You Play How You Practice

In the era of mass shootings how far will school’s go to protect their students?

Photo by Max Fagelman, ’22

Max Fagelman

News Editor

“You just have to keep practicing and play out every scenario possible” said Officer Lindsey Pienkowski when asked how unscheduled lockdown drills would be beneficial to Jamesville DeWitt High School. An unscheduled drill consists of only a few select people knowing of the drills happening, most likely top officials and first responders. The school would simulate an accurate lockdown situation in order to improve students abilities to act in a real shooting or emergency situation. The purpose of these drills is to find the flaws in students and staffs reactions, and make improvements on lockdown procedures.

After each scheduled drill there’s a debrief. This post drill analysis is the most important part of each drill, as it determines the effectiveness of the drill. Jamesville-DeWitt High School principal Paul Gasparini, Pienkowski and other police or firefighters present discuss the pros and cons of how the drill went.

“In the event of a real lockdown people are going to be nervous, people are going to be scared, there’s going to be chaos. So the more we practice, I believe the more prepared we will be.” said Pienkowski. Normally students follow all the procedures, generally referring to rules such as, stay quiet, lock your doors, turn the lights off and hide in the appropriate places that the teachers will go over with you. It’s important to do these routine drills as it familiarizes us with the procedures. However after a while it gets lackadaisical because it just becomes repetitive. Pienkowski said, “But every once in a while, you throw something in there to kind of mix it up and keep people on their toes.”

“The purpose of these drills is to find the flaws in students and staffs reactions, and make improvements on lockdown procedures.”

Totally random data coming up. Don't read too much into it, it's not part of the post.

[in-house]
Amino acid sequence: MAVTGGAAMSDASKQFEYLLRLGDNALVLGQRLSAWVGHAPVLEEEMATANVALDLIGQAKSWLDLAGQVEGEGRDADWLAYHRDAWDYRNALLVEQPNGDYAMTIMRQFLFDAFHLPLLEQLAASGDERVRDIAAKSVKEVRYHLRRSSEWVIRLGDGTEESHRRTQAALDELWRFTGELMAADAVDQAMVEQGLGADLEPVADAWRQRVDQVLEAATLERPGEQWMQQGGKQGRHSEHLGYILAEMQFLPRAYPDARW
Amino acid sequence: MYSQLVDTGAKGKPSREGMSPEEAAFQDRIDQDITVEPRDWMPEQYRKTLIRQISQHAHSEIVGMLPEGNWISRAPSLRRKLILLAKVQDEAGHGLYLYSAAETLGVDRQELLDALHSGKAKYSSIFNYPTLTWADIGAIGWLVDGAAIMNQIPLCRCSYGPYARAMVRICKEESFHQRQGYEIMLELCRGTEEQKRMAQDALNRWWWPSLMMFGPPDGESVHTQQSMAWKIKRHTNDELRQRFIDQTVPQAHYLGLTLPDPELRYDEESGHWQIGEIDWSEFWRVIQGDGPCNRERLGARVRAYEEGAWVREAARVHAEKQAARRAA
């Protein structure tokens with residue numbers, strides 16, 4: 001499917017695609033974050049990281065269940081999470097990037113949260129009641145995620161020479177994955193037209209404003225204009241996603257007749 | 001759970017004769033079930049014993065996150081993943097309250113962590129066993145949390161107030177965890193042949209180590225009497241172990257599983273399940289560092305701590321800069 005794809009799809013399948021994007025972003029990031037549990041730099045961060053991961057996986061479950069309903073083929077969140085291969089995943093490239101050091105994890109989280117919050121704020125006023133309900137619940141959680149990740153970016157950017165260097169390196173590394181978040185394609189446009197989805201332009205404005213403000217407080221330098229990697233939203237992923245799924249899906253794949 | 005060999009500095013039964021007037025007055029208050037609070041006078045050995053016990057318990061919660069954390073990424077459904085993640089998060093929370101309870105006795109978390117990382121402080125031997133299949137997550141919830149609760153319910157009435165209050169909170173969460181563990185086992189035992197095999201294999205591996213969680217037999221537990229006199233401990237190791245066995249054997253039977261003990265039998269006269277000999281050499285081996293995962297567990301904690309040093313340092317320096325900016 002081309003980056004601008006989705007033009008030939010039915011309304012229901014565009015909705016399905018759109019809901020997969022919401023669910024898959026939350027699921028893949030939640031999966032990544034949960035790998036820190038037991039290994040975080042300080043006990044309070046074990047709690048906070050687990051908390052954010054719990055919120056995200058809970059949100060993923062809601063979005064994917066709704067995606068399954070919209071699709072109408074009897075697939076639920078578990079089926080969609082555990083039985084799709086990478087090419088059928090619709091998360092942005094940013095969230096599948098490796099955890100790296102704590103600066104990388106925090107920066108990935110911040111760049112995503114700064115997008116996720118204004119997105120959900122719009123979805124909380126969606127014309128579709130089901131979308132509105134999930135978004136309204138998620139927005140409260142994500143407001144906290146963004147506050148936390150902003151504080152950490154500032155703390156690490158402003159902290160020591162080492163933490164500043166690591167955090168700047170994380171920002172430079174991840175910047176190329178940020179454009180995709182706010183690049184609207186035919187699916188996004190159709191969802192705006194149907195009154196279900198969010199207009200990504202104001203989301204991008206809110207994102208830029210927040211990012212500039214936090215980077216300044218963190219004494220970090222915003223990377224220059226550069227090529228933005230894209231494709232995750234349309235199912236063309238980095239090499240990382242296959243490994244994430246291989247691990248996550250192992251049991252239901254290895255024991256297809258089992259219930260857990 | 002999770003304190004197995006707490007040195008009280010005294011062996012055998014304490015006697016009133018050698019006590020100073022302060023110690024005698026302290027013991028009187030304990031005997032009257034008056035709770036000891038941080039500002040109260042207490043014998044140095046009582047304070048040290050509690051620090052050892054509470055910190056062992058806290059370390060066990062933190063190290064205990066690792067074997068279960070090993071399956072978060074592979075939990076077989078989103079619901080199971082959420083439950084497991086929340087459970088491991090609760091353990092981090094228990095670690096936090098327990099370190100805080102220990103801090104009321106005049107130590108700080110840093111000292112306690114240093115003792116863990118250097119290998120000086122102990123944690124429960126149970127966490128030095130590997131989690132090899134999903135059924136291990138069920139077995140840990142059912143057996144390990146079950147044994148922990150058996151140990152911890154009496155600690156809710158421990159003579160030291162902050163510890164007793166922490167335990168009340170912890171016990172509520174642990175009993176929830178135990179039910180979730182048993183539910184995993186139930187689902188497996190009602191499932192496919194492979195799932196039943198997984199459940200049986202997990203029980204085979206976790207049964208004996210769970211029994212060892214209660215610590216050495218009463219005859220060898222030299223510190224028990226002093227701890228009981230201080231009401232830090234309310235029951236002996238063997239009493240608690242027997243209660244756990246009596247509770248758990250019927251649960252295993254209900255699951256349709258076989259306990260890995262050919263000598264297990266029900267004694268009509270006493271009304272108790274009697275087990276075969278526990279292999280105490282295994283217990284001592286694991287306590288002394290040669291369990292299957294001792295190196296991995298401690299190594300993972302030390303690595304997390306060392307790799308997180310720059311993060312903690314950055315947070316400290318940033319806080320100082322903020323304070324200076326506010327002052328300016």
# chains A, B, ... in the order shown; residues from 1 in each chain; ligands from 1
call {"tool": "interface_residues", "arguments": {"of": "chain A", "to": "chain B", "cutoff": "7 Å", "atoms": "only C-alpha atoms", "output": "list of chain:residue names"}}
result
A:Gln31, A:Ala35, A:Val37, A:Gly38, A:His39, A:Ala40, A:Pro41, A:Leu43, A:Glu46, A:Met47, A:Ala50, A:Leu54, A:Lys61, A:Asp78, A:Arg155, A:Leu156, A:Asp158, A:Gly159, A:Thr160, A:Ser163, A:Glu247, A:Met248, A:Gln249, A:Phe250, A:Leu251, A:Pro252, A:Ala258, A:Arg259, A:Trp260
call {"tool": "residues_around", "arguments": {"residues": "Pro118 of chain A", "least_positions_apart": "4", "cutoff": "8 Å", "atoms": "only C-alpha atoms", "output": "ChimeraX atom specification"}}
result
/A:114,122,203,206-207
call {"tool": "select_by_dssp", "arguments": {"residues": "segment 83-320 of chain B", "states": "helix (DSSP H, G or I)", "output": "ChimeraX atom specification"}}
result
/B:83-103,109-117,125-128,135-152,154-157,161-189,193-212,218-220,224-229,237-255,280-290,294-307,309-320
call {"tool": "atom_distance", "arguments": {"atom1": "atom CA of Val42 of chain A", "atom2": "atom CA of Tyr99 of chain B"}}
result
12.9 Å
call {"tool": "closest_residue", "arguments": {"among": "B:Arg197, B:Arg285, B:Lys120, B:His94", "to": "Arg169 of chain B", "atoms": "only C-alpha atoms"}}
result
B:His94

Looking at the best practices available, schools determine what types of drills would be beneficial to the school population. Many are beginning to practice various forms of these unscheduled drills, such as the Baldwinsville school district who had their teachers trained in a simulated active shooter drill. Teachers learned the proper techniques on hiding, escaping and fighting back against an intruder.

J-DHS relies on first responders to recommend the best advice and examples of drills. If the first responders recommend these drills J-DHS would most likely consider having one. “We would not want to do anything that was disruptive just to be disruptive. If we do a drill we want it to be purposeful and meaningful.” said Gasparini.

Routine lockdown drills have been taking place at J-DHS for approximately ten years. They started around the same time as other schools in the area. These drills are solely for preparation, preparing students for the worst. The goal is for people to not panic, remain calm, and prepare the best they possibly can. “Continuingly making our students aware as they grow older. That’s the best thing we can do.” said Gasparini when asked how practicing routine lockdowns benefits students readiness for an active shooter incident. Pienkowski believes we as a school district do a pretty good job performing them.”We need to remember act quickly, try to stay calm as much as possible, but we do a good job and if we work on those things and practice, practice, practice we will be okay.”says Pienkowski.

The goal of an unscheduled drill is to be prepared for the unexpected. Schools do them to evaluate and determine the strengths and weaknesses and point out possible improvements. “We want to make certain we are as prepared as we can possibly be, and if it takes unscheduled drills to make that happen then we will do them.” said Gasparini.

“I believe unscheduled and scheduled are beneficial, but the benefit to unscheduled is that it keeps that sense of alertness, it keeps people on their toes” said Pienkowski. While it is hard to actively recreate an active shooter experience, school’s can go to certain levels to ensure their students are fully ready and prepared to act calmly and be fully collected in the case of a real emergency.

“We want to make certain we are as prepared as we can possibly be, and if it takes unscheduled drills to make that happen then we will do them.” said Gasparini.

Naturally these drills won’t happen until they become more commonplace. But once they do it is likely we will start using them as a practice method. According to Pienkowski, “It’s up to Mr. Gasparini. In the scheme of it, at least for this school. And I definitely think he is considering it.”

Overall, unscheduled lockdown drills may one day become an element in our preparation for an active shooting situation. “Treat it as any other emergency, and any other drill.” says Pienkowski. However, the likelihood that this would ever occur at J-DHS is slim, it’s still best to be prepared. It’s just like the saying goes, you play the way you practice.